And the sum of it all, the fear he is wrestling hard in the alone dark, is death. Because children die all the time, don’t they? So why not me?

I am at a loss. Because he’s right. Children die all the time. Terrible happens. Even with all the prayers for those hedges of protection, even with the faith.

I think of the book I’d just come from discussing, the echo of it still in my ears. Sarah’s Key, by Tatiana de Rosnay. The story of a ten-year-old Jewish girl caught in the terrible Vel’ d’Hiv Roundup during WWII in France. The story none of us had ever heard before.

I think of the awful truth of the Canadian roundups. The Japanese into camps during the war, the First Nations children into residential schools.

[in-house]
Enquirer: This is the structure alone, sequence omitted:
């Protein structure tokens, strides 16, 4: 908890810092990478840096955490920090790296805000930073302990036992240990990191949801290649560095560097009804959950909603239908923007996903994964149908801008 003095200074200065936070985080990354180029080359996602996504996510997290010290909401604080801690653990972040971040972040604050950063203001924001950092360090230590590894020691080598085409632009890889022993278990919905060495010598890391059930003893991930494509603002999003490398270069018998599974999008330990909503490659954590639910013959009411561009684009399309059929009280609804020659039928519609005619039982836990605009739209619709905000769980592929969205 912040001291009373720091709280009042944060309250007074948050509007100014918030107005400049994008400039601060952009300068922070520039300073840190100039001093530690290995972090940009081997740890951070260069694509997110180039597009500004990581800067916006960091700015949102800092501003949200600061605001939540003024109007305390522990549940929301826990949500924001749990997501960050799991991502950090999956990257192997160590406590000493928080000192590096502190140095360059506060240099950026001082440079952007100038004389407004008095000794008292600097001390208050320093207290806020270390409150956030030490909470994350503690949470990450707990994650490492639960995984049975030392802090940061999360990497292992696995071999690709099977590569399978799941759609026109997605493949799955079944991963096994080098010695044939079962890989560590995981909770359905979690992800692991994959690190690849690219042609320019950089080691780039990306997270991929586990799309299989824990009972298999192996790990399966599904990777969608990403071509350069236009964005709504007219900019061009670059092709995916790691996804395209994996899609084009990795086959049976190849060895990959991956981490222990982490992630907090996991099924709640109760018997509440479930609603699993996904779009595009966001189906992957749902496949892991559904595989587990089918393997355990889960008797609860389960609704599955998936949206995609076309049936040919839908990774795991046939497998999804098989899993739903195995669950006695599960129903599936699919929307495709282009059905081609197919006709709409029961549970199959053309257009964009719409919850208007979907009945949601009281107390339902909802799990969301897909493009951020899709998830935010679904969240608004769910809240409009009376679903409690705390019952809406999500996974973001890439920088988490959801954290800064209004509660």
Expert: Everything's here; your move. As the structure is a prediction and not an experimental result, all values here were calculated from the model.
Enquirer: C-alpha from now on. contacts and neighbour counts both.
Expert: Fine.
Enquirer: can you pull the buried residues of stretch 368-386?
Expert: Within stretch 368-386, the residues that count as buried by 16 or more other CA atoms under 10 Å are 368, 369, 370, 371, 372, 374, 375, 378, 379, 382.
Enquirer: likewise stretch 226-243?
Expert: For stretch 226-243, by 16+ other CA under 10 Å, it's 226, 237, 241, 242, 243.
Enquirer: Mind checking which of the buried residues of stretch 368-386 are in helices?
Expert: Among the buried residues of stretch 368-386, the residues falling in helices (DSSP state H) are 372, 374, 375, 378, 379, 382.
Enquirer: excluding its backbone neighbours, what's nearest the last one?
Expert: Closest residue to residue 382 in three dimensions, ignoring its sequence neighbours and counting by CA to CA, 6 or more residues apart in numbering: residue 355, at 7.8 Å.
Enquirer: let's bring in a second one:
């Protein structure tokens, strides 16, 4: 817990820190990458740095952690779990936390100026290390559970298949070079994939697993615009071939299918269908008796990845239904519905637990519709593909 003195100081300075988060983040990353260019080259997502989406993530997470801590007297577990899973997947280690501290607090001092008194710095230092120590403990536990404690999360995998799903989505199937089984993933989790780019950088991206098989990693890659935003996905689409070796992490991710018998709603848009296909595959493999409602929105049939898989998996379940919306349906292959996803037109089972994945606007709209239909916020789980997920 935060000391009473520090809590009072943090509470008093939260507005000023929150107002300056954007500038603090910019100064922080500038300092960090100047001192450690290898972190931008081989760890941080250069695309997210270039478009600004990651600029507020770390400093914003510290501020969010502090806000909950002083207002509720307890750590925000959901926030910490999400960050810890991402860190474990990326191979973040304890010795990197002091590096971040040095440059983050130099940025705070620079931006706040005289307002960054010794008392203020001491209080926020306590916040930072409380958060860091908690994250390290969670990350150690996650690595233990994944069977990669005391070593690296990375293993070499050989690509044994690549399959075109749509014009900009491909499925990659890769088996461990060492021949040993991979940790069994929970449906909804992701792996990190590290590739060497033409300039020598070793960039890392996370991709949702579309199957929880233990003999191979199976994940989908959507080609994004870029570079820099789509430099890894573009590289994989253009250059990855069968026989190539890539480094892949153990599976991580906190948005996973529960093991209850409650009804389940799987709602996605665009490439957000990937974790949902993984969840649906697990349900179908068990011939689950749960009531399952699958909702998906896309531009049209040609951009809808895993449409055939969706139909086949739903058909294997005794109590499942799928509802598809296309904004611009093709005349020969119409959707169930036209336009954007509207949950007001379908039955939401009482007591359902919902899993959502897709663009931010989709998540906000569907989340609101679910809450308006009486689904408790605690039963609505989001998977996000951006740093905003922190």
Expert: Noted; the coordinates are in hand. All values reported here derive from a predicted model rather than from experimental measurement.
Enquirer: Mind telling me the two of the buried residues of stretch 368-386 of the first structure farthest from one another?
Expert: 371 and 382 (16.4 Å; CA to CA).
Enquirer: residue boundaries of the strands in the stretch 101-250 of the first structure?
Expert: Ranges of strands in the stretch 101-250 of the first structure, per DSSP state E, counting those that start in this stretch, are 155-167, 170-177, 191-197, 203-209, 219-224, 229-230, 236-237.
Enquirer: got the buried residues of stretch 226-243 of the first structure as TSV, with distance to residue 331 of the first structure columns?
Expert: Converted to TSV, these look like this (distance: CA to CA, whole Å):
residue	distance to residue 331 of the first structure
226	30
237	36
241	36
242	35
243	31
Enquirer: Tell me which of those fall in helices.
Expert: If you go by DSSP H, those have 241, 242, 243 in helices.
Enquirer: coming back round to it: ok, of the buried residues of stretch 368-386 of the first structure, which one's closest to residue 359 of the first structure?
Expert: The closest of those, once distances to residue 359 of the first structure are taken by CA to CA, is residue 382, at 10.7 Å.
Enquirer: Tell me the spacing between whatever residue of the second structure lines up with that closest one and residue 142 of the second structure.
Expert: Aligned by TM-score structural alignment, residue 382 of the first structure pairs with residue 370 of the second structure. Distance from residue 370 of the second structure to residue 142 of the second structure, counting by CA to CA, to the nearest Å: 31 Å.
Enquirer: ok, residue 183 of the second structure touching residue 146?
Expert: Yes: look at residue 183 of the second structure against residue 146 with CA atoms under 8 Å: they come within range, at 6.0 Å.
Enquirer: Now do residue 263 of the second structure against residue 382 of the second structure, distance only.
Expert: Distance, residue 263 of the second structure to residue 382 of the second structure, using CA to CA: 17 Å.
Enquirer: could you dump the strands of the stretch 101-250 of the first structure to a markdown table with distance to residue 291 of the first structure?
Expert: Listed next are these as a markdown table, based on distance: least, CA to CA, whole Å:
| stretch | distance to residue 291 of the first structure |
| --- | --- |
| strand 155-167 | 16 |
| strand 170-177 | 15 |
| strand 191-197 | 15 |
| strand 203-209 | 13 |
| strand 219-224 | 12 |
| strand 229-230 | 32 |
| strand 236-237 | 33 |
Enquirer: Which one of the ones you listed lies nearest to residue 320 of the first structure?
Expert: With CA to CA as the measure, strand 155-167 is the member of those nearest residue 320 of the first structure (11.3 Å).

I think of children living on streets, and in dumps, and in orphanages. And I know my boy’s heart. I know the overwhelming, heart-breaking, knee-buckling truth with which he wrestles.

I look into the teary face of my precious ten-year-old boy and I have no words. I have no bright and cheery answer. I nod my head slowly, and I hold his eyes with mine, and I say I know. It’s hard. There are many sad things that happen in the world. And sometimes all we can do is love and trust and hold each other’s hands when we are scared.

I gather him up, all arms and legs and scruffy hair and fast-beating heart. And I pick up his pillow and he takes his quilt, and we go down to the living room together. And we make the living room a living room, with the lights on and the couches cozy and a drink in his hand. And we watch The Fonz and Richie being silly for a while and laugh a little, and then we dim the lights and pray and sink deep into soft blankets.